It has been suggested that, rather than promoting accountability norms, the real aim of Kenya’s admissibility challenge was to construct another obstacle to the criminal prosecution of those responsible for planning and organising the post-election violence. Kenyan human rights activist George Kegoro at the time argued:32
The government has the right to challenge admissibility, but if wise counsel prevailed, they would spend that time doing something else. If government was saying it has got something of its own that it’s falling back on, then you would sympathise with the government. But they are saying let’s not have ICC and instead let’s have nothing. They are saying - leave us alone.
The continued reference to ‘bringing the ICC cases home’, coupled with the absence of concrete action at the domestic level, thus gives weight to Mueller’s conclusion that the overall goal of Kenyan decisions makers has been to ‘use as many delaying tactics as possible to ensure that no one would ever be held accountable for the post-election violence’, and that the government attempted to use the ICC’s complementarity regime as one such tactic.33 Although the government’s admissibility challenge failed, this raises broader questions about how to ensure that the Rome Statute’s complementarity regime actively promotes the rule of law domestically, including in situations where states are hostile to ICC intervention.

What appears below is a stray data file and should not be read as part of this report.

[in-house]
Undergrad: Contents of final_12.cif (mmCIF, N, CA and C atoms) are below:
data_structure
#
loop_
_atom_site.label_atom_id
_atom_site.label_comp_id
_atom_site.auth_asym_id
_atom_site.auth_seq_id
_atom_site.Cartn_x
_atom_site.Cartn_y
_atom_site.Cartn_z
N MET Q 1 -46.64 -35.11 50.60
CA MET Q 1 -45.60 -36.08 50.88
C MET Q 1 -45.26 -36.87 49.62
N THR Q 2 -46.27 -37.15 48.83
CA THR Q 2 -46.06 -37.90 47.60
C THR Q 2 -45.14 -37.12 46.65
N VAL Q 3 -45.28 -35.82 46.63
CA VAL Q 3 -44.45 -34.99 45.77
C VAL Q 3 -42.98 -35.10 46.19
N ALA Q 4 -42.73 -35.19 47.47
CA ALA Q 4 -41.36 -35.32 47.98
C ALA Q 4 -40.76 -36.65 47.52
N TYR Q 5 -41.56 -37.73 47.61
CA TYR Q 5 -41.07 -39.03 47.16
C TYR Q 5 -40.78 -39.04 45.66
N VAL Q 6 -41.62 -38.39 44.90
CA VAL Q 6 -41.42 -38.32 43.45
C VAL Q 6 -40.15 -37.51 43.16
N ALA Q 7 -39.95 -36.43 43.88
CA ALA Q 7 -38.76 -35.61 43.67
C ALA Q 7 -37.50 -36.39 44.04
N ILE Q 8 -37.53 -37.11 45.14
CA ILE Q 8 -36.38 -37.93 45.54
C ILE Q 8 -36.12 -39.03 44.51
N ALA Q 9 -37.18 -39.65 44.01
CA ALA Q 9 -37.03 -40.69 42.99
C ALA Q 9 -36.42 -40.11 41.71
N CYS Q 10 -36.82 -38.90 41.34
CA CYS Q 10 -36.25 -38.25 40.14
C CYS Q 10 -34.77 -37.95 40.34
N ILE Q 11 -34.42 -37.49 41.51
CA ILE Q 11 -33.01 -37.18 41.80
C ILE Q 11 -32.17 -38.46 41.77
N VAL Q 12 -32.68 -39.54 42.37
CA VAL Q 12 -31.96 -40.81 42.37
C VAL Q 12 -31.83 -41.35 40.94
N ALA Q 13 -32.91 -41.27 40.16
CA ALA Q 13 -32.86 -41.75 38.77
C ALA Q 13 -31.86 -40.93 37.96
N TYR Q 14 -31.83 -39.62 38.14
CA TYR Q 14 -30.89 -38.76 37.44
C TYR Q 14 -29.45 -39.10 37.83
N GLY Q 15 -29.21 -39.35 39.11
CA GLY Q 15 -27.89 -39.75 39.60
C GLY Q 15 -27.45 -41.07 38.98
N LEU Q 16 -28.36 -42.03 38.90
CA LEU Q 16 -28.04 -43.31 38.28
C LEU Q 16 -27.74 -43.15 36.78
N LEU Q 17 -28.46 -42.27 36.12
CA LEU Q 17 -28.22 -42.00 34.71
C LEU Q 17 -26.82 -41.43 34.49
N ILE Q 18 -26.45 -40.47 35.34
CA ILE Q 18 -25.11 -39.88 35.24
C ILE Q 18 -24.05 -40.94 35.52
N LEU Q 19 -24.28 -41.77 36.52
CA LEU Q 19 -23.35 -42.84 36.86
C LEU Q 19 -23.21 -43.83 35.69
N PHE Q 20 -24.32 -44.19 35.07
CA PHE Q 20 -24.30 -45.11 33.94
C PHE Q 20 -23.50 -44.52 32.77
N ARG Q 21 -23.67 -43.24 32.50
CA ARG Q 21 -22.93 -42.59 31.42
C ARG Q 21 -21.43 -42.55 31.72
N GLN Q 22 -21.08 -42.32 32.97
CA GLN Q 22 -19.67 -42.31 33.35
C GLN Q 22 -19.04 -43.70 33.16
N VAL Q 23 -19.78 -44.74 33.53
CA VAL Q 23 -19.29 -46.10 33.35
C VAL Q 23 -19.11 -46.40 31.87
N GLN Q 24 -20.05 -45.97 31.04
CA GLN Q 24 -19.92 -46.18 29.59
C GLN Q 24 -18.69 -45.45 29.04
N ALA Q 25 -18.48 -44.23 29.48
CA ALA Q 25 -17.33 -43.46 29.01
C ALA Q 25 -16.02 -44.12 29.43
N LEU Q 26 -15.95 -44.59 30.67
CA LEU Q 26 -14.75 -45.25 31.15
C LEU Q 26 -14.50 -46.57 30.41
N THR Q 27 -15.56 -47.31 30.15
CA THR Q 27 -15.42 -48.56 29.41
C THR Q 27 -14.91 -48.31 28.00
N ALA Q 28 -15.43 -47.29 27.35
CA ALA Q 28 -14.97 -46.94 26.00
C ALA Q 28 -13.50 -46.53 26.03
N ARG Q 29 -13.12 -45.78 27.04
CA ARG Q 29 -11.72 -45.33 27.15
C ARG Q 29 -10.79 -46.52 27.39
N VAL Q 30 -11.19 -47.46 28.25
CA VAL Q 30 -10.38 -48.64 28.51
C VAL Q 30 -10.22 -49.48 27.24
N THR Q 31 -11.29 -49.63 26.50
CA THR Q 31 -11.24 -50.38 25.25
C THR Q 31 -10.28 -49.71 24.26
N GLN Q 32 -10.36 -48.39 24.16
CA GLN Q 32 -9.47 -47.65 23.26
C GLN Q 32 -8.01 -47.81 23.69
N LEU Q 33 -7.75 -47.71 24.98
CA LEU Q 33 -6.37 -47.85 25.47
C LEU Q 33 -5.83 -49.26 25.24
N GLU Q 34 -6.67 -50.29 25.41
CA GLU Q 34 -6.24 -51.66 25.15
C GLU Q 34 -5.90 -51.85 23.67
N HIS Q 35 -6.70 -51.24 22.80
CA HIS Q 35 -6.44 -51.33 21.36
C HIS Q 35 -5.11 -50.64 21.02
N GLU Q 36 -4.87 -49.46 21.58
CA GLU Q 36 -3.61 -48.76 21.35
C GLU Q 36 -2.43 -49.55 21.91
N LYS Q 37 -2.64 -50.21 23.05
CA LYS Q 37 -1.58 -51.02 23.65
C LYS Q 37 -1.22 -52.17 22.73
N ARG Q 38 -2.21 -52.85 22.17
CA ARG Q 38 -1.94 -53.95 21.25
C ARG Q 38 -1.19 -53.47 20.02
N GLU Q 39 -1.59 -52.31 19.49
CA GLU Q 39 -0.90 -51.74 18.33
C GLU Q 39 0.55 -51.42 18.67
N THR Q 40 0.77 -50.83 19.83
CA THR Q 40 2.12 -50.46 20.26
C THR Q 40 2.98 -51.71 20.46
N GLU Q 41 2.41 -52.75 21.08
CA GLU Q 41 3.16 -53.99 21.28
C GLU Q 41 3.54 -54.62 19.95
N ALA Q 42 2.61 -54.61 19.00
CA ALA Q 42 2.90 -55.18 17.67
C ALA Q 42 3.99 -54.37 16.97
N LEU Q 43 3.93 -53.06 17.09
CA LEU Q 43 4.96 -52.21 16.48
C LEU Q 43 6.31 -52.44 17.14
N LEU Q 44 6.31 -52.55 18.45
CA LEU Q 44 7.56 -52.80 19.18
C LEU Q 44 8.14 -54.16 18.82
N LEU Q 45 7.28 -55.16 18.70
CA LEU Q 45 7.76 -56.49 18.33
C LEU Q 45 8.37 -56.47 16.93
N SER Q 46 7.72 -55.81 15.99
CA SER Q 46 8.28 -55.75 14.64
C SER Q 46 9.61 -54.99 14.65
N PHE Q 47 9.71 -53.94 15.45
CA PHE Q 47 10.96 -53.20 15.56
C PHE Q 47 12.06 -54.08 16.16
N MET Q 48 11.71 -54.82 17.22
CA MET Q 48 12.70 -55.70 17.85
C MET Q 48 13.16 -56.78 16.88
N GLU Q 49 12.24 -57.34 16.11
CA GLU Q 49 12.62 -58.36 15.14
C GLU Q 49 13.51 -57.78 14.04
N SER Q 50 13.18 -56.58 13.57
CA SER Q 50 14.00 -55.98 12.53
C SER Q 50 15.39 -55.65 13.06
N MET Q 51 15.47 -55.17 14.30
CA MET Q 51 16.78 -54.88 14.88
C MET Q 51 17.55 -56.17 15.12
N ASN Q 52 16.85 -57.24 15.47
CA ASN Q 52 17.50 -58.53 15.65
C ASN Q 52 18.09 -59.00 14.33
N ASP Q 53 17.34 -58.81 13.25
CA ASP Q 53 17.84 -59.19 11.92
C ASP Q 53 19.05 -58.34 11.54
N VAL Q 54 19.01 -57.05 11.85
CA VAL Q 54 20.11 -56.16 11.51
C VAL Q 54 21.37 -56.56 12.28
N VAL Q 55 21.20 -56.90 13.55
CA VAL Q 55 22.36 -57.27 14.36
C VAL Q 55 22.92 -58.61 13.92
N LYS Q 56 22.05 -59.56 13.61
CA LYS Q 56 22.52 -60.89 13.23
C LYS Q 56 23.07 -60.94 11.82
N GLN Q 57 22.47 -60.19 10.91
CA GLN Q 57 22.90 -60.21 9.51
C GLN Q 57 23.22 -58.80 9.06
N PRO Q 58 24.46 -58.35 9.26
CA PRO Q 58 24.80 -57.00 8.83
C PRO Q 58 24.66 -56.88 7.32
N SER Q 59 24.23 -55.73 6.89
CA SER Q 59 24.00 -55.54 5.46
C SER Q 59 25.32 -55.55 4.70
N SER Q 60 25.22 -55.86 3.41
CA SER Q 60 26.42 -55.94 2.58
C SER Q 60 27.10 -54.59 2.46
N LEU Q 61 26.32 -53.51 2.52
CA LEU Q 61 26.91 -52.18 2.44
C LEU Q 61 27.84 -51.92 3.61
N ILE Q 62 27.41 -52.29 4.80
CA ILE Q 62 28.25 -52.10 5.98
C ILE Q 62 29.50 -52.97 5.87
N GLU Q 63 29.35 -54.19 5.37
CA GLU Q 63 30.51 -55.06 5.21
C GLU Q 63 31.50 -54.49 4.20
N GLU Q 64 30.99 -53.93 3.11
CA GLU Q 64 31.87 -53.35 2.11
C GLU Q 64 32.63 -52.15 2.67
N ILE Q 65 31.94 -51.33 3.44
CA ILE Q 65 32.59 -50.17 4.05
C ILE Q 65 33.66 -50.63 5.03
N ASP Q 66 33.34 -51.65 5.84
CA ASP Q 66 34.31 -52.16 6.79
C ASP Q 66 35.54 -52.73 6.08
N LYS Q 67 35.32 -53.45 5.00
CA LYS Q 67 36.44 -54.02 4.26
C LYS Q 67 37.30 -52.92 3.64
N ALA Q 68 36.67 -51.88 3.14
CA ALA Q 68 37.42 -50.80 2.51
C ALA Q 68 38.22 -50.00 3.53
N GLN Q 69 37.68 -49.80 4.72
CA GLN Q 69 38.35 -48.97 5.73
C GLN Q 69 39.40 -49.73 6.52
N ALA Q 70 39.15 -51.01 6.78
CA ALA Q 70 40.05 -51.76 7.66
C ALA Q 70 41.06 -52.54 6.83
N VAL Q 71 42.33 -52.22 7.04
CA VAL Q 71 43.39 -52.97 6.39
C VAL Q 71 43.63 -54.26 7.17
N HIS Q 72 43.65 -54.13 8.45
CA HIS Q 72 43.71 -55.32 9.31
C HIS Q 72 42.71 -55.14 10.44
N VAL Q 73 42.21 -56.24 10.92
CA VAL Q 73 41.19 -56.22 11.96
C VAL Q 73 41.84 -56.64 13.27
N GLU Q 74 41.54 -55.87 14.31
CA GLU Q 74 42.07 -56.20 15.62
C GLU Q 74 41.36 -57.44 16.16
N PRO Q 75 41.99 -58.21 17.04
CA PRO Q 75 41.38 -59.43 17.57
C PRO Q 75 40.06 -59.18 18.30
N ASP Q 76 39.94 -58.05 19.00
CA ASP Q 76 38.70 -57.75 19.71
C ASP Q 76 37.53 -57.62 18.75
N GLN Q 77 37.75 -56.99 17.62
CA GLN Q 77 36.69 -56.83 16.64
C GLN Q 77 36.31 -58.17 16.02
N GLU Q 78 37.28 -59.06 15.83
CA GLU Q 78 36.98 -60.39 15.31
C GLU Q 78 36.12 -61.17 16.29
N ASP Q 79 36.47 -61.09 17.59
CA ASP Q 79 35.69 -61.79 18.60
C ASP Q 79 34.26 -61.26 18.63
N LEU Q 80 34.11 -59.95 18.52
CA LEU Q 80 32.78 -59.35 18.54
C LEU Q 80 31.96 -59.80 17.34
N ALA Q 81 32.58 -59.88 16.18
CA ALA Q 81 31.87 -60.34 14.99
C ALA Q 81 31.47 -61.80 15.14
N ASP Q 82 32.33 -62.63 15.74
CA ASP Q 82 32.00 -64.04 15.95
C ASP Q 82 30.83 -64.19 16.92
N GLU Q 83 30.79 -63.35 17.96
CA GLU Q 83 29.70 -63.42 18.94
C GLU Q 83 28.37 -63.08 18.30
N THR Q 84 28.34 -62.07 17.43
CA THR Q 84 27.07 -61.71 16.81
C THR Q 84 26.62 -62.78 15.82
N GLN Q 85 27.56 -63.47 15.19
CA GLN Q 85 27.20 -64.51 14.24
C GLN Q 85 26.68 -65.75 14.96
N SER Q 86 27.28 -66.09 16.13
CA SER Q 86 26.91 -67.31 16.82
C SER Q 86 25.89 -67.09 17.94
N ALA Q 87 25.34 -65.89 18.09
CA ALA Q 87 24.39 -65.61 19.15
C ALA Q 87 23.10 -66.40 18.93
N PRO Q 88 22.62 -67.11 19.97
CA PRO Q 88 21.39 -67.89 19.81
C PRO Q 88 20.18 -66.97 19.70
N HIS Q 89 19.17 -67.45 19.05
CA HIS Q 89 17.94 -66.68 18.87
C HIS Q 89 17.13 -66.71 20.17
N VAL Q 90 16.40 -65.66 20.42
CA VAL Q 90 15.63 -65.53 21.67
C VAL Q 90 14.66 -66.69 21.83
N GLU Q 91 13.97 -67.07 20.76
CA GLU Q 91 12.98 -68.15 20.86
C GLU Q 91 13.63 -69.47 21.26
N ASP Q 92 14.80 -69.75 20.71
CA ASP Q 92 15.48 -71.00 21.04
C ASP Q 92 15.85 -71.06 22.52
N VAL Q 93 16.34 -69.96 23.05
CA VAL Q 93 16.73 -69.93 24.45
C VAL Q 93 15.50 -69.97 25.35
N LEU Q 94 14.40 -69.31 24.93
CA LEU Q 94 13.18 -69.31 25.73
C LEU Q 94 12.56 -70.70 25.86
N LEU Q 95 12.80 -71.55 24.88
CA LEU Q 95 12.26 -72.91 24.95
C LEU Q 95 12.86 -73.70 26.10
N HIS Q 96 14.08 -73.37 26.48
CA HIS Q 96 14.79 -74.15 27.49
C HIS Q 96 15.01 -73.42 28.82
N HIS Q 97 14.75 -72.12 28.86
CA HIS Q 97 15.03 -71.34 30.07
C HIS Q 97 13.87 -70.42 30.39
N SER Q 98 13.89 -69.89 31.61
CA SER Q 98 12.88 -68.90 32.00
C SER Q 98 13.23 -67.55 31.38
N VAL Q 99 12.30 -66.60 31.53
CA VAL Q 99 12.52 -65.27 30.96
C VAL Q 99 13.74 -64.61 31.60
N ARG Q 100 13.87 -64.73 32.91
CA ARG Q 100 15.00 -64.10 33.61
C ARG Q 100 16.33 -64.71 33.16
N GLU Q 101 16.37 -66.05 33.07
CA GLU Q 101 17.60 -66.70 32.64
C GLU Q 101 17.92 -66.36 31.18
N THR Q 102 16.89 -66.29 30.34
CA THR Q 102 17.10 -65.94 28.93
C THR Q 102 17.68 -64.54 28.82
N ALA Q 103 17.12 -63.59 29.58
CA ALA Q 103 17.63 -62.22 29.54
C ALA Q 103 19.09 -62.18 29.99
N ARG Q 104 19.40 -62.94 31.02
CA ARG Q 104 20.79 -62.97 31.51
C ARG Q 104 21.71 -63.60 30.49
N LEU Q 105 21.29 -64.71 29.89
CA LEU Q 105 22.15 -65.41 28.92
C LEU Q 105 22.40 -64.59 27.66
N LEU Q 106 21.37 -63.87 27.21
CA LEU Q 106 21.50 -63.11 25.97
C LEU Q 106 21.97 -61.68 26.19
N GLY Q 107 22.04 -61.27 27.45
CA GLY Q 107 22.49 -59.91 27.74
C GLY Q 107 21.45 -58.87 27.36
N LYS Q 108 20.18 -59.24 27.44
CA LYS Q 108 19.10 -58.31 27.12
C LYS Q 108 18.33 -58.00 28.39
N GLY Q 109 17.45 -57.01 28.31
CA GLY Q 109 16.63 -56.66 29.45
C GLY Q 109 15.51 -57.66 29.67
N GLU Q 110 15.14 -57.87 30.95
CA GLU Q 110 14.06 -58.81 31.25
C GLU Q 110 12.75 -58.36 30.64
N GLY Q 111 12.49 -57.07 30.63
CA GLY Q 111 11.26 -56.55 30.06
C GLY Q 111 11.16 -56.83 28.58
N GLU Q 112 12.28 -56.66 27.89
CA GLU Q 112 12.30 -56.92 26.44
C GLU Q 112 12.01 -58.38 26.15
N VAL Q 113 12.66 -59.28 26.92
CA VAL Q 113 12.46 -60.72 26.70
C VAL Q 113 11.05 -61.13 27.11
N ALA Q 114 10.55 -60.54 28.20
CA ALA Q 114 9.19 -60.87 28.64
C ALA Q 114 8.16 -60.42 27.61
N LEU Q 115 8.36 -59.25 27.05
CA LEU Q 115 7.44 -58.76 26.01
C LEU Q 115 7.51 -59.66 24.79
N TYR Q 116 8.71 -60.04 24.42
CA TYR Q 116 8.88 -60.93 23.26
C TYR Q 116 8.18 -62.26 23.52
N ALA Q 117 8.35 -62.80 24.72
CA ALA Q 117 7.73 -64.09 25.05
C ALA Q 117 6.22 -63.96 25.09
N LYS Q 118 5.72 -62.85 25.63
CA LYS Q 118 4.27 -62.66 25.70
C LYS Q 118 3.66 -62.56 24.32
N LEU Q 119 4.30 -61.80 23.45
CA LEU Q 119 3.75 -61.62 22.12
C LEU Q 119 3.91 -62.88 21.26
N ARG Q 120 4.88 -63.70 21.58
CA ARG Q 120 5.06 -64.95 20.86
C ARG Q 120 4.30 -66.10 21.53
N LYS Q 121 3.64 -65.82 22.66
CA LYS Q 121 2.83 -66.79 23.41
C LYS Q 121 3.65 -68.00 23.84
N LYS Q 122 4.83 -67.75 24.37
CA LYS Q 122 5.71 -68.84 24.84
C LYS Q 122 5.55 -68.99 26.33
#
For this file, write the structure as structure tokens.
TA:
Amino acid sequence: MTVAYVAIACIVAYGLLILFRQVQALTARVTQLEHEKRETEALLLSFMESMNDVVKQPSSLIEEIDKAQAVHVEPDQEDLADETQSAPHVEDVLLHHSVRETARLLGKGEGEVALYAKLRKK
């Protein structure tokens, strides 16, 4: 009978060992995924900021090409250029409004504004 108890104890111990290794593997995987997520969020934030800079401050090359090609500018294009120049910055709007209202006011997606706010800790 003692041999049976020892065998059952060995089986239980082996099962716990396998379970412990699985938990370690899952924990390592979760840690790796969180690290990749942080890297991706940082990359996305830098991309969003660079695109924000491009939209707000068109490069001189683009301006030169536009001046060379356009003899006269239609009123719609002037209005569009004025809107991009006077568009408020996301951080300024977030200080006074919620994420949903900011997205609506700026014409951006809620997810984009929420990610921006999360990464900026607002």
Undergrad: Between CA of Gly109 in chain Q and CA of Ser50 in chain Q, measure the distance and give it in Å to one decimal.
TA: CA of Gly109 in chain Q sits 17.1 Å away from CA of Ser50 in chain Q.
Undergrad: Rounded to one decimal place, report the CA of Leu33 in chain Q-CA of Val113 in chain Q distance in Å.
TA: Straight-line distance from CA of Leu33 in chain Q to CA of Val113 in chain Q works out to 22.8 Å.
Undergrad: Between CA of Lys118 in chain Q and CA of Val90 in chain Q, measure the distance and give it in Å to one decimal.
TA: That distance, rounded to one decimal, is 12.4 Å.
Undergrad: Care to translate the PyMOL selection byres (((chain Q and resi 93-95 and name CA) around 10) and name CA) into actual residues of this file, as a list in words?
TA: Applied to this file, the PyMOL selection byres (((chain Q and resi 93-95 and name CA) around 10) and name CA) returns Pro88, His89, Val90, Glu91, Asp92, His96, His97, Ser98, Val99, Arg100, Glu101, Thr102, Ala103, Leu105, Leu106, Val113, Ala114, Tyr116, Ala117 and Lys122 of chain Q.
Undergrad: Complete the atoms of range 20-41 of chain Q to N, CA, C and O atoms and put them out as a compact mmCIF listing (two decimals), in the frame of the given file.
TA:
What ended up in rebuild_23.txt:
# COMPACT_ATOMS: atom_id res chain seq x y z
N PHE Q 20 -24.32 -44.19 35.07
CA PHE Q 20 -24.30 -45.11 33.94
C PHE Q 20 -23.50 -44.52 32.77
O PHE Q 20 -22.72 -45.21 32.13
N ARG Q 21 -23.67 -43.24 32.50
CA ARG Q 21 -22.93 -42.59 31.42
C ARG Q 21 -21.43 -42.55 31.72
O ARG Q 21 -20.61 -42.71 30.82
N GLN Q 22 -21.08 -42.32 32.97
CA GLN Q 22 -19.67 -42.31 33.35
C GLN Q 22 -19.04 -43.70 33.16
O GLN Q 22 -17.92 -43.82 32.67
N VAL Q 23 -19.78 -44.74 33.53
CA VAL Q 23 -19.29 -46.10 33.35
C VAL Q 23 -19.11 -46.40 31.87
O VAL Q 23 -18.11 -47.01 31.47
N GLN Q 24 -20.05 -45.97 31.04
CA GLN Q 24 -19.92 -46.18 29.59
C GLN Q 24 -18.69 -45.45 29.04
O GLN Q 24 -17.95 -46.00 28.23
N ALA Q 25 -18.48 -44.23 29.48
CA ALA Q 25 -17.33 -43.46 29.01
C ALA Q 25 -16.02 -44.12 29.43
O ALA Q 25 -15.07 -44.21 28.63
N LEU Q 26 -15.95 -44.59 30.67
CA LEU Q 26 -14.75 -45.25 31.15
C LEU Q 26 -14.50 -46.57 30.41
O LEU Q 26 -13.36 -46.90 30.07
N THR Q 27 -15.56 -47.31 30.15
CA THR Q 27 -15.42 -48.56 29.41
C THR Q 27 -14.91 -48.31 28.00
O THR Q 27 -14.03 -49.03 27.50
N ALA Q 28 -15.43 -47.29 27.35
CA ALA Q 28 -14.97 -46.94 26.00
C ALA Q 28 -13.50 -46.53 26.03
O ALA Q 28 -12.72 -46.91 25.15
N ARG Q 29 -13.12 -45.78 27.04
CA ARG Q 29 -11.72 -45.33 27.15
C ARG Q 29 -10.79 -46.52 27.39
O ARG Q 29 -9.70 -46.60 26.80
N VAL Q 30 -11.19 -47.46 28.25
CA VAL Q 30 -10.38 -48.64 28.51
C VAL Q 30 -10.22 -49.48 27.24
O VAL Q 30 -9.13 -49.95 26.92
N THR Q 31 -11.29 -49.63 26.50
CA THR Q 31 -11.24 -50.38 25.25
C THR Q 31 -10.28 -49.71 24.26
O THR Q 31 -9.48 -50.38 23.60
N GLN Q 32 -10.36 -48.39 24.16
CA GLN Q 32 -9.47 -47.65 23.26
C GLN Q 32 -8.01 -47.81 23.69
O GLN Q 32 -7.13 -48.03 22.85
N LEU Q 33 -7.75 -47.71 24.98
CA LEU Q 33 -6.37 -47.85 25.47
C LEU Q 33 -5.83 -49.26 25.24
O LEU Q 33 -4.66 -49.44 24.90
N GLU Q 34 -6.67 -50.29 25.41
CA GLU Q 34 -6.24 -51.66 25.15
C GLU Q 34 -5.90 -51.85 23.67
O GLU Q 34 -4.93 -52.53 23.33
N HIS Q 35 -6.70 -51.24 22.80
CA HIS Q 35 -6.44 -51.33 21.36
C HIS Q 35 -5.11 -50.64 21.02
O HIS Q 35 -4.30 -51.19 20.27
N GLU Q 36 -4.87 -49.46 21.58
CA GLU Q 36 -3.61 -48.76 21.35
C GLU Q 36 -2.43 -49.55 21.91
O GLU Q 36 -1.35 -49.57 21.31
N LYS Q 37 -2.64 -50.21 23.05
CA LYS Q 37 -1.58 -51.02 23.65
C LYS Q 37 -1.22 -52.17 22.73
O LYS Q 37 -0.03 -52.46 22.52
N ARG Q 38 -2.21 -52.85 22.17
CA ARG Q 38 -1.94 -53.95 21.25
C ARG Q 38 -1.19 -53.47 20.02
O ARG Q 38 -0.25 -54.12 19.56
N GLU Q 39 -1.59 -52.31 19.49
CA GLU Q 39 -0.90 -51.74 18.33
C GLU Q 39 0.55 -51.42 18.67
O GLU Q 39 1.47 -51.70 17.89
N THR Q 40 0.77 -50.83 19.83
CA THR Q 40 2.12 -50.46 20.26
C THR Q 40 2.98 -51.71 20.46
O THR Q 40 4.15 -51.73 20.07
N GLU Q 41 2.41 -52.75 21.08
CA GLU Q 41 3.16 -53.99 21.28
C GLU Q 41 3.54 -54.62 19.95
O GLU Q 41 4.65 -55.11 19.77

The debates about a domestic framework for accountability in Kenya continued both while the ICC cases were ongoing and thereafter. Kenya domesticated the Rome Statute by adopting the International Crimes Act (ICA), which came into force on 1 January 2009.34 The ICA provides the foundation for giving effect to the Rome Statute within Kenyan law, including the principle of complementarity. The Act gives Kenyan courts jurisdiction to prosecute Rome Statute crimes; creates the foundation for Kenyan authorities to provide the ICC with requested information; gives the right to transfer to the Court persons against whom the ICC has issued arrest warrants and otherwise to co-operate with the ICC; and lays down provisions permitting the ICC to operate in the country. In 2015 the Kenyan judiciary confirmed that it would establish a so-called International and Organised Crimes Division (IOCD) within the High Court, which is intended to have jurisdiction over international crimes as defined by the Rome Statute, as well as transnational crimes such as organised crime; piracy; terrorism; wildlife crimes; cybercrime; human trafficking; money-laundering; and counterfeiting.35 However, at the time of writing, the IOCD is not yet operational, and Kenyan authorities have continuously stated that the post-election violence crimes will not be prosecuted by the IOCD.36 President Kenyatta has affirmed this approach, stating that no further efforts would be made to pursue accountability for post-election violence crimes, but that a fund would instead be established to assist victims of the violence.37